This is Part 3 in the series “All About Apps”.
Here are a few numbers to put the business of apps in perspective.
There are more than half a million apps available on the leading platforms. About 60 percent of them are iOS apps (for the iPhone and iPad) and nearly 25 percent are Android apps (Distimo, 2011 April). These are figures for the United States. The figures on the availability of apps worldwide should be quite similar because the apps being made available in different national markets are almost identical, e.g., 93 percent of apps on Android markets in the US are identical to those in Germany and Australia, and 91 percent to those in Singapore (Distimo, 2011 January). Developers show a strong interest in building apps for iOS platforms (92 and 87 percent for iPhone and iPad, respectively) and Android (87 percent for phone and 74 percent for tablet). Beyond these two platforms, their interest drops significantly (to 38 and 28 percent for Blackberry phone and tablet, respectively, 36 percent for Windows 7 phone and 16 percent for WebOS tablet) (Appcelerator-IDC, 2010).
Game apps account for the lion’s share (45 percent) of revenues. No other category of apps comes close (Vision Mobile, 2011). Android has more free apps than any other platform. Proportionally, it has twice as many (60 percent) free apps as iOS (29 percent for the iPhone and 26 percent for the iPad) and Backberry (26 percent) (Distimo, 2010 August). Going by usage, games still make up the most popular app category (e.g., 64 percent users have played a game app in the last 30 days), ahead of weather (60 percent), social networking (56), maps/navigation/search (51), music (44) and news (39) (Nielsen, 2011). For tablets, they are very popular with book apps thanks to their larger screen, e.g., books are the second most popular app category (54 percent) behind games (62 percent) (Yudu Media, 2011).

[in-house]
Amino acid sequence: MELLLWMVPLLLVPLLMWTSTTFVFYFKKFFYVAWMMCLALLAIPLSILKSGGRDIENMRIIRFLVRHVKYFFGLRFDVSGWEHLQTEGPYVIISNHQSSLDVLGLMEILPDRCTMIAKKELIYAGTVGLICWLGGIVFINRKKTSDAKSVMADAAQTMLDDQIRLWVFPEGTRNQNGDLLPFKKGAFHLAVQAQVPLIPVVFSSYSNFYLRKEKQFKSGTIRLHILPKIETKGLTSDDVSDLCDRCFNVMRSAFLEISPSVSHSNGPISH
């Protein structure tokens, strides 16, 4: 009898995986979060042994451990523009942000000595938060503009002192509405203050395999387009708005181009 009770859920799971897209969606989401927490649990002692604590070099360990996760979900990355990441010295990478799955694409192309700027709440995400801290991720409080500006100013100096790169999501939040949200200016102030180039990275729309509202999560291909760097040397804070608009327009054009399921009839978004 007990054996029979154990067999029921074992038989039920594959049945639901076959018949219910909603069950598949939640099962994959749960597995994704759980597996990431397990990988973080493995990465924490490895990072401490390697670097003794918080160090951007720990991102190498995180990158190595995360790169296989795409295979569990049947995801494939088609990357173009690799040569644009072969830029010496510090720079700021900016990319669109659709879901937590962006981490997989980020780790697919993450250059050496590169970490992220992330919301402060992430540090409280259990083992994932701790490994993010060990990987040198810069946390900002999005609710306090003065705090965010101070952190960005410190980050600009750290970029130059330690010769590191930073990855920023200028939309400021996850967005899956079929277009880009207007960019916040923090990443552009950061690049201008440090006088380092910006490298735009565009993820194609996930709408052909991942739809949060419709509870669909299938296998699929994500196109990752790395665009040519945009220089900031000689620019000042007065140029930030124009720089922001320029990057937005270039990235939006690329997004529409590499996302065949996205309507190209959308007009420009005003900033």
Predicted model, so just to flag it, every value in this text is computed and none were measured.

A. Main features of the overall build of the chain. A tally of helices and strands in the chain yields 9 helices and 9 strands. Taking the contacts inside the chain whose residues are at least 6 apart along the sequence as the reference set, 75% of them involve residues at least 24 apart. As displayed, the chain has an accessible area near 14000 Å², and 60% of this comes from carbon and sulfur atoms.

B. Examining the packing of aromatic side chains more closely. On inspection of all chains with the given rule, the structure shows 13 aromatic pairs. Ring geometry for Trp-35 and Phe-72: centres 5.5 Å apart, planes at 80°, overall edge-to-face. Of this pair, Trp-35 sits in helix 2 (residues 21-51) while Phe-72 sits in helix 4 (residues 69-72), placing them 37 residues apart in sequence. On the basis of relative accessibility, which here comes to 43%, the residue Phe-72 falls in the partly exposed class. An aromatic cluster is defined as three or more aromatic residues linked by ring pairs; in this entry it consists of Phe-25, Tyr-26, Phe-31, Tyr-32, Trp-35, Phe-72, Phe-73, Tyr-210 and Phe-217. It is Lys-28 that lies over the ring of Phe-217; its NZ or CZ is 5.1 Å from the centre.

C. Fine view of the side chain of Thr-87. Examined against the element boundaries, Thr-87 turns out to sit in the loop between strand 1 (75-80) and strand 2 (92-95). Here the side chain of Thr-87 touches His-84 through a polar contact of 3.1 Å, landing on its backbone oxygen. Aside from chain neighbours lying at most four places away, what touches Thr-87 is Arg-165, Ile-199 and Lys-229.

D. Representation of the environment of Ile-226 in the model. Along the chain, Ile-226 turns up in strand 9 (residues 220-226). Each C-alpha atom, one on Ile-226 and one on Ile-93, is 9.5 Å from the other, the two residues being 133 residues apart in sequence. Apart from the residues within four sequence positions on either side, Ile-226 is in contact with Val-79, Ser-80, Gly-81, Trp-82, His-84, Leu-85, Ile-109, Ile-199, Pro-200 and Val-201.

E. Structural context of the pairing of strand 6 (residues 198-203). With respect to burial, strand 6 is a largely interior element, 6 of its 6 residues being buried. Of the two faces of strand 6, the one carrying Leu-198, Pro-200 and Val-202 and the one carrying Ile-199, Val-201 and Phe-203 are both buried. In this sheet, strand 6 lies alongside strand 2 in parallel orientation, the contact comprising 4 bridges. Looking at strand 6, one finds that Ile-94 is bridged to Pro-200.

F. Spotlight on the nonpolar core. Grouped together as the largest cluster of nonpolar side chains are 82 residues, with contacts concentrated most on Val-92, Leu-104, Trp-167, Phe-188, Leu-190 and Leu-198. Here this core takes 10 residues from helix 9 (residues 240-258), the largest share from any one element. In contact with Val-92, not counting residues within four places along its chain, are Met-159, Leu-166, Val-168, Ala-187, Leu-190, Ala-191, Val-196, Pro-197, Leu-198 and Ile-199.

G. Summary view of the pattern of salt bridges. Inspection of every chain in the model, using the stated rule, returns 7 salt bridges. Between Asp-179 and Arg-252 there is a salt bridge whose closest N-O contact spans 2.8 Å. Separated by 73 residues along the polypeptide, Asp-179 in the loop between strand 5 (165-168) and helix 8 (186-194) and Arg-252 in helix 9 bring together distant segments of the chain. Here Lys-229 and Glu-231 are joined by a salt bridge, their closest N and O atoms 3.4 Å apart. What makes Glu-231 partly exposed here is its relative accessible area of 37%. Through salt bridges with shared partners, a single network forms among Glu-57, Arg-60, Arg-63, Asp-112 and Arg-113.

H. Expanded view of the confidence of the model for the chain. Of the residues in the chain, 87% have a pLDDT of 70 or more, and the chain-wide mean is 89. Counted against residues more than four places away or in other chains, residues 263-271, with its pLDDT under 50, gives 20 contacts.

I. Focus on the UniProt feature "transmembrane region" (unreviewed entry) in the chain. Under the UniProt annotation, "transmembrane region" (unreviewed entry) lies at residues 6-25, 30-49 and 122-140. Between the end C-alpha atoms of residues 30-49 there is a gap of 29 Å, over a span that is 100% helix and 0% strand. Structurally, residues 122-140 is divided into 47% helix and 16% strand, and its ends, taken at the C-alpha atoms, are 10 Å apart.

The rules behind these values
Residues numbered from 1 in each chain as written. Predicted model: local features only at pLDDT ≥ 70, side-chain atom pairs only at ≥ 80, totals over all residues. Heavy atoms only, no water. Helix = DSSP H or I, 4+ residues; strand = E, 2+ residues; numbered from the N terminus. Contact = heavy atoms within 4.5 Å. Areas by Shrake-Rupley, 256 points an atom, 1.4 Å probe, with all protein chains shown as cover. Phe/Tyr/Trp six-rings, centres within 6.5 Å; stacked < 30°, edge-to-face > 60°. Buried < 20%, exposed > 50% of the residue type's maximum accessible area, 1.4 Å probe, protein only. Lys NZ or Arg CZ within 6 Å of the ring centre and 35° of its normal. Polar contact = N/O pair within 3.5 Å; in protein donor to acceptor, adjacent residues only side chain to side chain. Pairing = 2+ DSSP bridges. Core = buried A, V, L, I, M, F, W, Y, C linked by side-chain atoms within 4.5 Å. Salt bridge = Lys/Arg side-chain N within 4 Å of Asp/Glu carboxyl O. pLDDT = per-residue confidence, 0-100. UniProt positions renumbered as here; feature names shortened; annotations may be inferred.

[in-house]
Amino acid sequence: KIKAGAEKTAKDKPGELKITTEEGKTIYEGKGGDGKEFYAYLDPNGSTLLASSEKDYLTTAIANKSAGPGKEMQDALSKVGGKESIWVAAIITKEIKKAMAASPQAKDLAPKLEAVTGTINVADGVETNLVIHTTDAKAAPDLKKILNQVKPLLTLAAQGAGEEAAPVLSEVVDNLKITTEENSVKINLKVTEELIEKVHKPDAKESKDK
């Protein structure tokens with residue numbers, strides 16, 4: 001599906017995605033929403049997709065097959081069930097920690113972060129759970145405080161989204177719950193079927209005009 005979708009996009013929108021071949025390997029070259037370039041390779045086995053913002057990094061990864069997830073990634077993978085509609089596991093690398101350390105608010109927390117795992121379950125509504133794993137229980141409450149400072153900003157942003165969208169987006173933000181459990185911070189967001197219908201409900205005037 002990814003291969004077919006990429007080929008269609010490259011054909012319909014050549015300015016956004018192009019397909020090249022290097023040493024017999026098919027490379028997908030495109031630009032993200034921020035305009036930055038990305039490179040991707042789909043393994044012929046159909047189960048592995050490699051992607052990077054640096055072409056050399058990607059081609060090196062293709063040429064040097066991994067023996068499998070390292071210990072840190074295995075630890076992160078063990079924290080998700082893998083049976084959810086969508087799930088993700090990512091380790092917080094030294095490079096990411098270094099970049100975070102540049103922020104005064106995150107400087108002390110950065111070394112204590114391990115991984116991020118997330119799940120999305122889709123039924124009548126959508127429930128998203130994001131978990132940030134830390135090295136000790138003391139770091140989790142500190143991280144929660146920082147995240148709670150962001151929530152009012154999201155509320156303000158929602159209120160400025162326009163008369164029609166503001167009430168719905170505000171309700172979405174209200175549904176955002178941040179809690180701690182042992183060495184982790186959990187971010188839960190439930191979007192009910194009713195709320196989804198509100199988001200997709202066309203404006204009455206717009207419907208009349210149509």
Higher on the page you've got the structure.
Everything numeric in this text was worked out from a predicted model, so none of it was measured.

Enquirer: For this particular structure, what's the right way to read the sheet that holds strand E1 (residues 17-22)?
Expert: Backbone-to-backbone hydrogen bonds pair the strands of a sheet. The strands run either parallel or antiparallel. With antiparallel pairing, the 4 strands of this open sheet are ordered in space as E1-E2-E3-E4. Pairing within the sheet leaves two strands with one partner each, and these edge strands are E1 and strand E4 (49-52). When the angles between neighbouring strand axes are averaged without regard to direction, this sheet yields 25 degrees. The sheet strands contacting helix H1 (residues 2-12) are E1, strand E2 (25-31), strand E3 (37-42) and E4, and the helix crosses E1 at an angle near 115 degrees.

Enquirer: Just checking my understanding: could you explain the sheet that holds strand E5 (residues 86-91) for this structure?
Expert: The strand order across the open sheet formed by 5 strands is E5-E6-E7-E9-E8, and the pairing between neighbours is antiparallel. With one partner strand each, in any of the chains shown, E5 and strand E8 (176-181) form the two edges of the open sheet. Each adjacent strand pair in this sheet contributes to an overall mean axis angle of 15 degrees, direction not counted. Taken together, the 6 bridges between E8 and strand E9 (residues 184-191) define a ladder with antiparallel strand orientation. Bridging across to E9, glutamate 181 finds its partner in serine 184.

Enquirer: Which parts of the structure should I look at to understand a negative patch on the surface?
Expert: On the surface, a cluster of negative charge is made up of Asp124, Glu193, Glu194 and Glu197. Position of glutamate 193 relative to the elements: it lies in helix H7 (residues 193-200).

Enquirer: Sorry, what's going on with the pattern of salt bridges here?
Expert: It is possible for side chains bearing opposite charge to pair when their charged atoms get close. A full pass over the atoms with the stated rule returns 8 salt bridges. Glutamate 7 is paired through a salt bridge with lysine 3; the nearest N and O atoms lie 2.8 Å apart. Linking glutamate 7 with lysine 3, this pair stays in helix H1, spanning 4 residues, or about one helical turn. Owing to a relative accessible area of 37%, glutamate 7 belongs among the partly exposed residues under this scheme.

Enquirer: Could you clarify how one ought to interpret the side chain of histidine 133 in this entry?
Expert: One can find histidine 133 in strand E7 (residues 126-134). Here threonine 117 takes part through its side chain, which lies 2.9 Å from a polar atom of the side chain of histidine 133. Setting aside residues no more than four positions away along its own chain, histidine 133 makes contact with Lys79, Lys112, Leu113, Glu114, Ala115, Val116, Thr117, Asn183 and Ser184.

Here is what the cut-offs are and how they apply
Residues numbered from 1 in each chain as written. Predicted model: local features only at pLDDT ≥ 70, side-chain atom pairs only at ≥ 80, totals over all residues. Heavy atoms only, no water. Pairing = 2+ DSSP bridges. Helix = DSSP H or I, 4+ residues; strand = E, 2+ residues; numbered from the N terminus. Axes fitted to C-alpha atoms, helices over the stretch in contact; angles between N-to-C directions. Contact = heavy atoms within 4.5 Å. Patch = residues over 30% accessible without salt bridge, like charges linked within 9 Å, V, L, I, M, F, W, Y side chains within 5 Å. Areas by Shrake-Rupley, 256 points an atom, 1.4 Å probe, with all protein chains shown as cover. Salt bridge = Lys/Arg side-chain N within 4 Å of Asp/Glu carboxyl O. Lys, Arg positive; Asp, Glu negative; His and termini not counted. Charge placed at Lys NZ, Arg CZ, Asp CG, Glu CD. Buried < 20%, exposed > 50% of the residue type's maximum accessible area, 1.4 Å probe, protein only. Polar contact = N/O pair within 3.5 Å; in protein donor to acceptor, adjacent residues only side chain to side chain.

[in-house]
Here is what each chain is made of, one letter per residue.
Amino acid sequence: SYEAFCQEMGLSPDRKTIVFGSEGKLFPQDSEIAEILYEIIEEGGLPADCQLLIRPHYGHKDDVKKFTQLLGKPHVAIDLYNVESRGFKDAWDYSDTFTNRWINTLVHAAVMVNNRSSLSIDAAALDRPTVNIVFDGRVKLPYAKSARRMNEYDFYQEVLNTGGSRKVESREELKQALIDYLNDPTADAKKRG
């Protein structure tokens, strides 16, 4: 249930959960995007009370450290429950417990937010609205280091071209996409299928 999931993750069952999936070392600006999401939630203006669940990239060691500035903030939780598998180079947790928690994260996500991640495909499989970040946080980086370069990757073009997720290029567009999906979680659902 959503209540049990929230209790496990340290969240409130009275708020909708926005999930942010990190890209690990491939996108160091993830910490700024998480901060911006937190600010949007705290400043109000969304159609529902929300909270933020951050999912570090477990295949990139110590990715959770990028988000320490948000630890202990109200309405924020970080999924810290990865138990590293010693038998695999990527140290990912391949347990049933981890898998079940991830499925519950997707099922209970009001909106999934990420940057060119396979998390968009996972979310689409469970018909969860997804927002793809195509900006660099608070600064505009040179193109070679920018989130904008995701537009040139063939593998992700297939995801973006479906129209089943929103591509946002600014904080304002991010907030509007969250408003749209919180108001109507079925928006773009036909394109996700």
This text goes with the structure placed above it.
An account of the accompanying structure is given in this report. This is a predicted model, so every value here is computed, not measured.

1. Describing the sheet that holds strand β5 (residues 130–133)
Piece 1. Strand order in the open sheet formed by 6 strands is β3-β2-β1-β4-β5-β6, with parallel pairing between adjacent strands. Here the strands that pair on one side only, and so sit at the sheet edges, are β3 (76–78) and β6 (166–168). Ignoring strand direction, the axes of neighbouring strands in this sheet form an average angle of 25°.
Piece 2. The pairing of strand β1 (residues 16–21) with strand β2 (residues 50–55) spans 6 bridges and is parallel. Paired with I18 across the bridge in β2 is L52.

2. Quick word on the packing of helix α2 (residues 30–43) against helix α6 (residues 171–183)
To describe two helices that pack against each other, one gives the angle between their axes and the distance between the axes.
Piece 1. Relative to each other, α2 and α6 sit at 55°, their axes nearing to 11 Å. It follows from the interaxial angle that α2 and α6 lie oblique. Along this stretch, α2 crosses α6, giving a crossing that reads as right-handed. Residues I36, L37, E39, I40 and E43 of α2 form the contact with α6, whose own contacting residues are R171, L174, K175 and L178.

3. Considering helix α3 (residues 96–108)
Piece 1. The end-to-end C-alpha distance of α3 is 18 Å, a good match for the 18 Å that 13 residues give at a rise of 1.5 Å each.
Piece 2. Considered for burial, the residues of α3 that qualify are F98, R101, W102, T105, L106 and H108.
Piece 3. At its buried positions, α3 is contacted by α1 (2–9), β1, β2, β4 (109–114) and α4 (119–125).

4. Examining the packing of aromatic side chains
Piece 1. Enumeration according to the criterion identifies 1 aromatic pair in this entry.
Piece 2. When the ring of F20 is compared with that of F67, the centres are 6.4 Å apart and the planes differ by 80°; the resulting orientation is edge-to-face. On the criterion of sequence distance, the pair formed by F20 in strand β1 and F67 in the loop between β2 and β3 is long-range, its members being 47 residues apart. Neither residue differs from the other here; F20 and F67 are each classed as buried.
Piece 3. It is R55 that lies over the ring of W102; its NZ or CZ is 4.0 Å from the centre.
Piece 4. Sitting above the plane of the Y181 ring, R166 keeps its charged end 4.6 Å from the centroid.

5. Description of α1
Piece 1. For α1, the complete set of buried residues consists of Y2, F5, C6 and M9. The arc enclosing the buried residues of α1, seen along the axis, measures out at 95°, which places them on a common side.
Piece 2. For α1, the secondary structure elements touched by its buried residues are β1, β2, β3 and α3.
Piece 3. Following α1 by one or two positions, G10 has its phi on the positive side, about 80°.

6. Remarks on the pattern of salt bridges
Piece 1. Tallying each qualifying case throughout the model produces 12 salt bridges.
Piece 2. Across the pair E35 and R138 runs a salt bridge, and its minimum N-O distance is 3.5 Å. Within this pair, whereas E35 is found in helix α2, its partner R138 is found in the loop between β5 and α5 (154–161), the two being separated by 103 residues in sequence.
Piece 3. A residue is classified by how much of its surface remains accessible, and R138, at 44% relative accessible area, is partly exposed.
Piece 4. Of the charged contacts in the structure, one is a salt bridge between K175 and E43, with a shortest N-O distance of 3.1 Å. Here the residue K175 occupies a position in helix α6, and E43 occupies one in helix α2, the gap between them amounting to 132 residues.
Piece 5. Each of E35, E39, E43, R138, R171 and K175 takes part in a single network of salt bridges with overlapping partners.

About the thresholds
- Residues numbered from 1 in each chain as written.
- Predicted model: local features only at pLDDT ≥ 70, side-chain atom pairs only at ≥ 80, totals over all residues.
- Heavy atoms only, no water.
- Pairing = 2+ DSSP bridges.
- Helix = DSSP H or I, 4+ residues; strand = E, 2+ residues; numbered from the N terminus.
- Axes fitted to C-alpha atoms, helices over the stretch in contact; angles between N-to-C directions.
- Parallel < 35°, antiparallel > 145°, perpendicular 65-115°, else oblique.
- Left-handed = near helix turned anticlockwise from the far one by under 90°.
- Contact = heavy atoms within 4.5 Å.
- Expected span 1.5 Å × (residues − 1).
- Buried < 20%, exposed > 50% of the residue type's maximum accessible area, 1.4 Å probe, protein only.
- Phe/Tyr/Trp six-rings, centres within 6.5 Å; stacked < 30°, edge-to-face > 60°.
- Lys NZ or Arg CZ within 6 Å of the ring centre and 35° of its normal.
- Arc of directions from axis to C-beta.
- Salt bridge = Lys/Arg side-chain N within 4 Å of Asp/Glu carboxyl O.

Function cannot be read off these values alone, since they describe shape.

In 2009, the apps had been downloaded 7 billion times and generated US$4.1 billion in revenue globally. Two years before that, the app market barely existed. Asia had the highest percentage of downloads (37 percent), slightly ahead of Europe and North America, yet North America generated over half of the revenues, ahead of Europe and several times more than Asia. This means Asian mobile users are much more likely to download free or low-price apps than European and North American users. Looking forward, app downloads are projected to approach 50 billion and revenues to reach US$17.5 billion in 2012 (Sharma, 2010).
Downloading apps does not equate with using them. About one in four apps, once downloaded, is not used again after the first time; and the trend seems to get worse (22 percent in 2010 Q1, 26 and 28 percent in Q3 and Q4, respectively), according to Localytics (2011). Among tablet owners having downloaded just a few apps, 95 percent use them on a regular basis, those having downloaded 10+ apps 37 percent, and those having downloaded 20+ apps only 16 percent. App usage among iPhone owners shows a similar pattern – only 17 percent of users having downloaded 10+ apps use them regularly (eMarketer, 09/22/2011).